For men and women who are losing hair the experience can be both frustrating and embarrassing. The association of a full head of hair with youth and vitality has left many people searching for a solution that truly works and doesn’t simply provide the false promises that numerous adverts offer. Earlier this year, new research was produced suggesting that stem cells may be a viable and effective treatment for hair loss. Despite the research still being in the very early stages and not having been performed on humans just yet, the results are promising. In particular, the ‘natural’ aspect of stem cells is particularly appealing to many people who prefer to avoid the claims provided by manufacturers of various topical or oral treatments, especially given their side effects.
A study at the University of Pennsylvania in the United States found that the action of stem cells could restore hair growth. The research itself is complicated but the mechanism is quite intriguing. Your head contains thousands of follicles and each follicle produces a single hair. These follicles are produced during embryonic development and it was originally thought that once they were lost – as in the case of balding – there was no way to restore them other than by manually implanting them, which many people find far too invasive. You are likely already aware of the basics of what a gene is and you know that your genes are inherited from your parents. Researchers at the university found a gene called Wnt. This gene does two things:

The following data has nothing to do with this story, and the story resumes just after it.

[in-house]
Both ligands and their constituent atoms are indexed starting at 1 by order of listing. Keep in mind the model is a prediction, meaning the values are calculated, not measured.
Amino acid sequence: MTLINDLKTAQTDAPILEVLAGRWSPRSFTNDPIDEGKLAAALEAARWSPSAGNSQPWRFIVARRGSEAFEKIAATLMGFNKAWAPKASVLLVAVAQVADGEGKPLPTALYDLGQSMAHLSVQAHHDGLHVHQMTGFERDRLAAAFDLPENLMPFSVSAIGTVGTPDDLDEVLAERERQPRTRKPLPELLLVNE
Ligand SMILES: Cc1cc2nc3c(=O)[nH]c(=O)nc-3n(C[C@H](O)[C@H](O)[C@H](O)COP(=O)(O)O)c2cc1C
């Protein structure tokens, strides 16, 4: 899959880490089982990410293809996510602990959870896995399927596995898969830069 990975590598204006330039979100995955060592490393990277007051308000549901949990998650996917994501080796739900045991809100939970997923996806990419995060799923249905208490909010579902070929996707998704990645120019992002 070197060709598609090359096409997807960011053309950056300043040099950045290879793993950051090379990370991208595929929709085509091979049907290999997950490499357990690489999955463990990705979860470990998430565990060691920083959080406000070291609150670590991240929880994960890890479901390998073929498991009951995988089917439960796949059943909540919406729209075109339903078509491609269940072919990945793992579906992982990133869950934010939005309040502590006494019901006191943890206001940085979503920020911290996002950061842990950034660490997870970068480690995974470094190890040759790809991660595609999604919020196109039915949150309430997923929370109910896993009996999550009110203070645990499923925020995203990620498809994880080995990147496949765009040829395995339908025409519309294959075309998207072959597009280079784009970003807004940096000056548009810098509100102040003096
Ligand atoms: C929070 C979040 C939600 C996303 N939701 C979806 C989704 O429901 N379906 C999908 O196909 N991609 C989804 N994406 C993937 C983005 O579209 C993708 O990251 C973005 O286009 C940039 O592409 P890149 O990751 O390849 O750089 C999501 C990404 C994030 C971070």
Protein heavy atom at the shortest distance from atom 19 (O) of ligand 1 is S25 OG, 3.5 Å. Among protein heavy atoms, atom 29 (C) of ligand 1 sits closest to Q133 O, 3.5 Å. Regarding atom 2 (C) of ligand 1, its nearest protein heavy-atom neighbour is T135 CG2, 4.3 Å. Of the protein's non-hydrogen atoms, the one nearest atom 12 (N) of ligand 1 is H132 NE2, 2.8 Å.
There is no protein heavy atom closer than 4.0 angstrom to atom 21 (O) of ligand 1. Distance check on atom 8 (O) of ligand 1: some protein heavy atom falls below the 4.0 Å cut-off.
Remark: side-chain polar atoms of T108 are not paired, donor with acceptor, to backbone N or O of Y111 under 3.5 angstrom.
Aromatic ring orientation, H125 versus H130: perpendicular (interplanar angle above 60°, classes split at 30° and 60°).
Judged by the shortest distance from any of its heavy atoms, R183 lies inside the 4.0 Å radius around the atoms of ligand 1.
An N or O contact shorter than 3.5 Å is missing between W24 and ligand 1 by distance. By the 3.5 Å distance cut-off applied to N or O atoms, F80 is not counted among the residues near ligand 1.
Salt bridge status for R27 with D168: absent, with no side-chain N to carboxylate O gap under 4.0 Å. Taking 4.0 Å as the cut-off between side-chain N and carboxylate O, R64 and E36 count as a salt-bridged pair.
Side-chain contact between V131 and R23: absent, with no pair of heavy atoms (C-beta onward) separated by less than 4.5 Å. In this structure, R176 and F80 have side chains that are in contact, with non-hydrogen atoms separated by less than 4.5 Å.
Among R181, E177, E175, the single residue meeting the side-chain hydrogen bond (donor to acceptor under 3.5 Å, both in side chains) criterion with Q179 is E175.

- Helps wounds heal
- Helps to make new hair follicles
What the researchers did may sound unusual, but they took lab mice and removed bits of skin on their heads, creating a wound. The creation of this wound essentially ‘woke up’ the Wnt gene. Once this gene was activated, it signaled the body’s stem cells to also ‘wake up’ and start functioning. The stem cells moved to the center of the wound to begin healing it and producing hair follicles with new hair growth. To further ensure that the experiment was working, researchers blocked the Wnt gene’s activity, which halted all new hair growth. They also tried increasing its activity, which then increased the rate of hair growth.
From Study to Pharmacy
It may seem almost ridiculous to think that a wound in the skin is responsible for hair growth, but it’s a surprising and exciting concept. That sequence of events – the wound activating the Wnt gene, which then activates wound healing and hair growth – is a concept that could provide treatment for the many people who have hair loss. Unfortunately, there is still a great deal of testing left to be done, which means that it’s many years before the treatment could become readily available for the public. The results, however, do show exceptional promise and thus far have shown little evidence of major side effects. For those who struggle with hair loss, the most current alternatives will have to suffice. In the meantime, do keep abreast of the latest research regarding stem cells because they may one day be a successful treatment for your hair loss.